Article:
The thing that irked me most - and prompted me to write this article - was the fact that APT is lobbying hard to oppose this RBA policy measure, and the shameless, self-serving misinformation the company has served up to oppose the policy absolutely needs to be countered (contained in the article previously referenced). It is important to emphasise here that no one is proposing that merchants must impose a surcharge - merely that they have the freedom to do so. Why is APT so rabidly opposed to their merchant customers having such choice? If the product is so great and it delivers so many benefits to merchants, as APT claims, then surely the merchants would choose of their own volition to not impose one for commercial reasons, right? In that respect, APT's protestations speak volumes about the extent to which APT's management recognises that the success of its business model hinges critically on its ability to continue to impose hidden transaction cost on customers.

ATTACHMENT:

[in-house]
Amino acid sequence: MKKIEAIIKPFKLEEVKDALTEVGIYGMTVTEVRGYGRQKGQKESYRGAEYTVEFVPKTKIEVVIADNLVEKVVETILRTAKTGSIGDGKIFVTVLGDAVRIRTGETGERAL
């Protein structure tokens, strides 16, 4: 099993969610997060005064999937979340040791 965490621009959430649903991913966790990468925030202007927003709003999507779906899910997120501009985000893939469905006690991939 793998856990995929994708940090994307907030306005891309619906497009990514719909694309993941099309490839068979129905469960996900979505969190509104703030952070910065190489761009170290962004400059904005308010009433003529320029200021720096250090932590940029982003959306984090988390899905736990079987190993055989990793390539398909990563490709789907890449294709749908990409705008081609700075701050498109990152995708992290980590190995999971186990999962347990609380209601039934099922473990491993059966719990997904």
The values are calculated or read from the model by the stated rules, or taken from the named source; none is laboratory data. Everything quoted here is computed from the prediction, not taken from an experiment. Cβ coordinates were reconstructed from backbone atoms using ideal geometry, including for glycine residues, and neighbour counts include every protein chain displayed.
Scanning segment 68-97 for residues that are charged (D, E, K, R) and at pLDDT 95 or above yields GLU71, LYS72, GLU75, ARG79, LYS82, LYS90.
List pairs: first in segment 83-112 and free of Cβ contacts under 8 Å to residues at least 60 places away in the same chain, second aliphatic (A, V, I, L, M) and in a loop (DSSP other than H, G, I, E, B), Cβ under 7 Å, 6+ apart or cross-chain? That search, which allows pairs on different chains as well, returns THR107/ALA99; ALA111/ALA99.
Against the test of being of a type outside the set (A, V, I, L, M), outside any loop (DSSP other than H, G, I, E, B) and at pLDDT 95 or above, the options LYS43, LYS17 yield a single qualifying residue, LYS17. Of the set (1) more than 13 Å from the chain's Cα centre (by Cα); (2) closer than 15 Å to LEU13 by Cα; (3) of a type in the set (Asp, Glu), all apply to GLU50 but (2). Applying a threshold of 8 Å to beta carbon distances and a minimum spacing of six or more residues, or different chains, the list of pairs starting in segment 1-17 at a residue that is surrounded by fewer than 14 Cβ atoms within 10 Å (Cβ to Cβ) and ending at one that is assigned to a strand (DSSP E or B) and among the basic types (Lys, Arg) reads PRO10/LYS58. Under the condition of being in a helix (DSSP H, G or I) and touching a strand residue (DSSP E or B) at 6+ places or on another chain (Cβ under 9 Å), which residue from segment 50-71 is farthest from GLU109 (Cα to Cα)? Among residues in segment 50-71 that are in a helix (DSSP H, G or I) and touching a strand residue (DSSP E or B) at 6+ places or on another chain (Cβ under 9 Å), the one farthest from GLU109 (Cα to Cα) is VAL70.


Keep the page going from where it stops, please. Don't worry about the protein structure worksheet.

In the article they make many spurious arguments, including that the merchant costs should be compared more to what Facebook or Google charges for click-through sales leads, rather than alternative payment platforms (a laughable claim); and that the RBA's mooted restrictions would "stifle innovation, compromise consumer choice, and reduce competition". This latter argument is so bad, and so shamefully self-interested, that I think it has crossed the line into outright unethical conduct by APT management, because the the truth is the exact opposite to what APT claims.